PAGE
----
Right Method, Wrong Culture
I heard a great line from an Emergency Department doc and physician leader yesterday. Talking about his hospital's Lean efforts, he said, simply:
“Data should create light, not heat.”
Brilliant. Simply brilliant.
What he meant was that data should be used to enlighten us about our processes and systems. Far too often, data is used to “blame and shame” — it puts heat on people. Blame and shame is the old hospital culture that so many Lean practitioners are trying to move away from.
In the Lean approach, we preach about focusing on the process, but also on results. Not to set quotas or arbitrary targets, but to measure performance. But, as the doctor pointed out, data could be used for good or it can be used to harm people in the wrong culture. This can happen, unfortunately, with other Lean methods used out of context.
Some examples of where a new method is a bad fit with the old culture:
If you try to copy an “andon cord” approach from Toyota (by buying the physical equipment), but your culture is one where supervisors yell at people for stopping the line (as written about here), it's a bad fit.
If you have managers and leaders go to the “gemba” more, but they spend that time blaming individuals for poor performance, instead of being a coaching servant leader, you have a bad fit between new method and old culture.
If you encourage employees to speak up and call out problems (ala “no problems is a problem“), as Paul Levy and BIDMC in Boston did, but you don't have the organizational capacity to help employees fix things — this leads to frustration, and it's a bad fit (I can't find the link to where Paul apologized to his organization for the frustration caused by asking them to call things out, without being able to fix it). I'll update the post if I find it.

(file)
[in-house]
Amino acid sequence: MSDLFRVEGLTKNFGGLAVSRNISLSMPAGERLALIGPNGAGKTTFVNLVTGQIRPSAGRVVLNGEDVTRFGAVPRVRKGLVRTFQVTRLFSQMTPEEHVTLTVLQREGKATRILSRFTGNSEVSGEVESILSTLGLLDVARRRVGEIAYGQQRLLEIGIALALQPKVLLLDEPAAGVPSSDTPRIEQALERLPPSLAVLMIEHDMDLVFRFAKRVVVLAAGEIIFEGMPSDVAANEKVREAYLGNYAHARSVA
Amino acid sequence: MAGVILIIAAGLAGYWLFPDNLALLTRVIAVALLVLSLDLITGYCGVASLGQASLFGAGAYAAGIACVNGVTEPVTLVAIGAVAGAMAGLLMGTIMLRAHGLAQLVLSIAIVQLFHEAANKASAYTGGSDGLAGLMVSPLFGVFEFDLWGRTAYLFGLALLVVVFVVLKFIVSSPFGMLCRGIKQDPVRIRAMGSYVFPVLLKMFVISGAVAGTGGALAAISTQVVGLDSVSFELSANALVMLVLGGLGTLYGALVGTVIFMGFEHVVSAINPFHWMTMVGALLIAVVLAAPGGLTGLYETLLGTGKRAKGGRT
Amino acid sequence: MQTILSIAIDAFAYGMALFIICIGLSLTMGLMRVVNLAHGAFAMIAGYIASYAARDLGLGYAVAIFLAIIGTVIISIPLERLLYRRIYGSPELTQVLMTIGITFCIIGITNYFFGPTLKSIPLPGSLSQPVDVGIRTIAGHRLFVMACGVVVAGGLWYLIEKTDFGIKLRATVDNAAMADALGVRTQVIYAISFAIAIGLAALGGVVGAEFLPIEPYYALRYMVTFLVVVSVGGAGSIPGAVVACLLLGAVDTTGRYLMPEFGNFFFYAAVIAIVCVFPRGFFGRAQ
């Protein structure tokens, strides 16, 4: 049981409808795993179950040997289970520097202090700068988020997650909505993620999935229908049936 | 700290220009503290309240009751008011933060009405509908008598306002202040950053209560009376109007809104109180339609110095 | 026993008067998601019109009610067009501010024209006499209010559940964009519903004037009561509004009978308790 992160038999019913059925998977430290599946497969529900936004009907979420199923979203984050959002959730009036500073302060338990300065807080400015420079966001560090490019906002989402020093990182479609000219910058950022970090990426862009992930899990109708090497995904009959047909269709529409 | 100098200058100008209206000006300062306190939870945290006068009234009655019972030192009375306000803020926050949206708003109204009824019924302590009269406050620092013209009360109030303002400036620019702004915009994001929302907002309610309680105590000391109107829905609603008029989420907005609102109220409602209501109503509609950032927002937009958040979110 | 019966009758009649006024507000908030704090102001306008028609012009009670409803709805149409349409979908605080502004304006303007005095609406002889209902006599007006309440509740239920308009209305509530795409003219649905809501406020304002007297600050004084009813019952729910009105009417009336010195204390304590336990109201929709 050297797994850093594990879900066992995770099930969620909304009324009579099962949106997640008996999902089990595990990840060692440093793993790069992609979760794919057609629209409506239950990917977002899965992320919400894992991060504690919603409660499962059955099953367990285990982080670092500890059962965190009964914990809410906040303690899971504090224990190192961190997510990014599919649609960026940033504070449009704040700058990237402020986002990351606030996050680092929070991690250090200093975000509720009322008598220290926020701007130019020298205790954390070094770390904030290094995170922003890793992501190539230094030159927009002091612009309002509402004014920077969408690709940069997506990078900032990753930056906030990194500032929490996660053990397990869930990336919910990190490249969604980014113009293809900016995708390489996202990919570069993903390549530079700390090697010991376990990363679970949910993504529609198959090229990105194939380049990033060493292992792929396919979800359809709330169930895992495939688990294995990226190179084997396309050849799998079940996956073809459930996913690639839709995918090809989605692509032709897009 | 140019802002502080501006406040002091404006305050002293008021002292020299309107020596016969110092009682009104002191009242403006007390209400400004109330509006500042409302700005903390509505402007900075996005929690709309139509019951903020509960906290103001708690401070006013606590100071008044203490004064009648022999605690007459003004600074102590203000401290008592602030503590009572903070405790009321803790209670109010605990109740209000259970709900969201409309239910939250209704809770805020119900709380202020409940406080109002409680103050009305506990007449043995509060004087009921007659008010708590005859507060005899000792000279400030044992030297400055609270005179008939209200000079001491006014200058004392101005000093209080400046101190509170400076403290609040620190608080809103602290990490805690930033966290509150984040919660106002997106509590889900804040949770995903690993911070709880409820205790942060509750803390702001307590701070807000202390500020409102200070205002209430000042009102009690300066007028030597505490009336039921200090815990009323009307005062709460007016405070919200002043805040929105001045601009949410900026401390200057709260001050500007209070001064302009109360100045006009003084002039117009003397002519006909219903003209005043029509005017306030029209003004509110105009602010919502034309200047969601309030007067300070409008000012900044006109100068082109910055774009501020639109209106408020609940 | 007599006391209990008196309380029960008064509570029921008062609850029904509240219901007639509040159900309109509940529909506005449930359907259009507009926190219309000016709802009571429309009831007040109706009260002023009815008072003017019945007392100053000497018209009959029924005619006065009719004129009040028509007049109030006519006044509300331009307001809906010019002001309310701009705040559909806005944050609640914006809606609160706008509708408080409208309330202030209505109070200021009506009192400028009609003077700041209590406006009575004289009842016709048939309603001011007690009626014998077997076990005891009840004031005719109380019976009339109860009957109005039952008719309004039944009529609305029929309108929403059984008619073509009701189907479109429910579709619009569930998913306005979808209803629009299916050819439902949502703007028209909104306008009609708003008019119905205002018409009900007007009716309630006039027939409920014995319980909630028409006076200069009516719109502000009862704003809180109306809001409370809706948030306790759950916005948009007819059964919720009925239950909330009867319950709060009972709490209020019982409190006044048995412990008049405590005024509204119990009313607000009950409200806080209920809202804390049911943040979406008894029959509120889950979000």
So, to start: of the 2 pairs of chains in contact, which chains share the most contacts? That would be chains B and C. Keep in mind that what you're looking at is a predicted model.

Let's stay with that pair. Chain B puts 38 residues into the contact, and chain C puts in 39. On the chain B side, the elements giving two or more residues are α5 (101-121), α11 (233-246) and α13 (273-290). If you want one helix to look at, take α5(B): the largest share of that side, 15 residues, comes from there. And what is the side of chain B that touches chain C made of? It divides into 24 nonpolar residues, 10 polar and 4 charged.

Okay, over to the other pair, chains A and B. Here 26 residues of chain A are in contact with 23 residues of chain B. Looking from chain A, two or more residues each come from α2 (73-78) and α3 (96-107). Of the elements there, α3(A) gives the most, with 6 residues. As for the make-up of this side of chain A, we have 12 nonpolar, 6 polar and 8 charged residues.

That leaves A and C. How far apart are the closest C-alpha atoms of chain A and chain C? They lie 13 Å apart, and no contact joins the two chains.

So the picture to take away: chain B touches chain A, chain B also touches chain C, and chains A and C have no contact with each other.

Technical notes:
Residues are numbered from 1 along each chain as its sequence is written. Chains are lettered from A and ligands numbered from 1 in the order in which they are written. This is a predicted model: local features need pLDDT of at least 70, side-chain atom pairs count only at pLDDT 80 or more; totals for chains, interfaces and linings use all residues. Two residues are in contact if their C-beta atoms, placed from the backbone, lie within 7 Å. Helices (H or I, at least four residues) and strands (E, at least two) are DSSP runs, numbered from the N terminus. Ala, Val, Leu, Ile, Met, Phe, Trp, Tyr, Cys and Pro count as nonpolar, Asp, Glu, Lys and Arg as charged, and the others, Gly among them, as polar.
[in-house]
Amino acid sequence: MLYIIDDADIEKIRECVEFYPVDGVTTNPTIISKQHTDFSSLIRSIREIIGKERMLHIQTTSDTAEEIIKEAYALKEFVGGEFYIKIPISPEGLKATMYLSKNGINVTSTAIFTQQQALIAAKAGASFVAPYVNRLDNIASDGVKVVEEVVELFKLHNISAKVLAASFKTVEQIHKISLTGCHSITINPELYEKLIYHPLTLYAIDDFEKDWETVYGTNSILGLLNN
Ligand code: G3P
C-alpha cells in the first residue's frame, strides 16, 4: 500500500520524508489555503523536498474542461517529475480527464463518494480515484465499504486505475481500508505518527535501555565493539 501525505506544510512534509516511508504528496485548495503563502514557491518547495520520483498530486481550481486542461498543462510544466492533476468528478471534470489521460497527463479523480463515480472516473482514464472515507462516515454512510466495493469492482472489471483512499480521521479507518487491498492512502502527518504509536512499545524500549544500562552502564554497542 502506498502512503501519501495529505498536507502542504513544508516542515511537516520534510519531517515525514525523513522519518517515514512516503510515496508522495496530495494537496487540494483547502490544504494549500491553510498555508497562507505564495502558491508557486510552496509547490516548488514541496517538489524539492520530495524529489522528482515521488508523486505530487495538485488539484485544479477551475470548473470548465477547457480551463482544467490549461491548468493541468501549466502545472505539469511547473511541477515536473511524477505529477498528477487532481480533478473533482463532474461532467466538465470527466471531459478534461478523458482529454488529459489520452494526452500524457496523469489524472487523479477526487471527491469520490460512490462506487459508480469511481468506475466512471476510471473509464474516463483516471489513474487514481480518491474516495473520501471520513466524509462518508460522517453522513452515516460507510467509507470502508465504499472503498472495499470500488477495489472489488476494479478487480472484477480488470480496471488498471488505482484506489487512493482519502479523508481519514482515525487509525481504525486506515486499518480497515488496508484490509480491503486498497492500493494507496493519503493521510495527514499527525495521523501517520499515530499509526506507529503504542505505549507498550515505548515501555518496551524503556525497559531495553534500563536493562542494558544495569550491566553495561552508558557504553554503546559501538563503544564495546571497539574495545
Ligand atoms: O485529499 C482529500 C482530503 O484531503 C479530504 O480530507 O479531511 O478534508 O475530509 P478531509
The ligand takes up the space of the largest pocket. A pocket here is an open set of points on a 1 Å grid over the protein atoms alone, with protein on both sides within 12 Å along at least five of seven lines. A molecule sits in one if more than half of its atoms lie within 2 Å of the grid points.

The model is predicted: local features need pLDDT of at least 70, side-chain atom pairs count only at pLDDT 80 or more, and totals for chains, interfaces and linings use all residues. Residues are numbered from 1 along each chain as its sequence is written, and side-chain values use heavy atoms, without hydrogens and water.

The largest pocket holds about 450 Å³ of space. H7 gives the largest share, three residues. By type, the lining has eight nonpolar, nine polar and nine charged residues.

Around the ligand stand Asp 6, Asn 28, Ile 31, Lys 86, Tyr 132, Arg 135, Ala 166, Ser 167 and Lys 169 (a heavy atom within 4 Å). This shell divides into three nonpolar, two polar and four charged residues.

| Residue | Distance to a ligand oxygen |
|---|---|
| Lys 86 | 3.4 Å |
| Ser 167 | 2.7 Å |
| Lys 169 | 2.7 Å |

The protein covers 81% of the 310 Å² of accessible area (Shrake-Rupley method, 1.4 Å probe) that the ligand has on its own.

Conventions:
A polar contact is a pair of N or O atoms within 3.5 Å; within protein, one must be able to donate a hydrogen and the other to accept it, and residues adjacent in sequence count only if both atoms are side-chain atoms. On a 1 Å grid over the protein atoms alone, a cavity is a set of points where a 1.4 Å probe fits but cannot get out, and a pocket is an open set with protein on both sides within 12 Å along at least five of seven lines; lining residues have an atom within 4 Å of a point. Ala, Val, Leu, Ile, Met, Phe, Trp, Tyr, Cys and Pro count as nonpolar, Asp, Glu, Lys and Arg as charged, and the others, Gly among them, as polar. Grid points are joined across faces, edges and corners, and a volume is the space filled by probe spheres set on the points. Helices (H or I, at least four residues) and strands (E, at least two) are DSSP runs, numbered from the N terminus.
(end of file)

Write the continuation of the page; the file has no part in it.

What other examples can you think of? What can we do, other than educate leaders, to avoid the bad fit between a random Lean method being dropped into a traditional culture?
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From a facebook friend:
Awesome insight – the goal of a Lean mgmt system is to surface problems quickly. Blame generates friction, which creates resistance to change, making continuous improvement difficult at best. Forget the old adage, “If you can’t measure it, you can’t manage it” and replace it with “If you can see the problem, you can improve it.”
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Have a look at this article
Ask yourself why hospitals and drugs/supplies companies can’t make the products so it is physically impossible to use the wrong one, for example, in my country you can’t insert a diesel bowser into a non-diesel inlet on a vehicle because the shape and size is wrong.
Why couldn’t medical injectibles be incompatable with each other if they are the wrong type, for example, products intended for internal administration have a particular shape of outlet that matches catheters etc?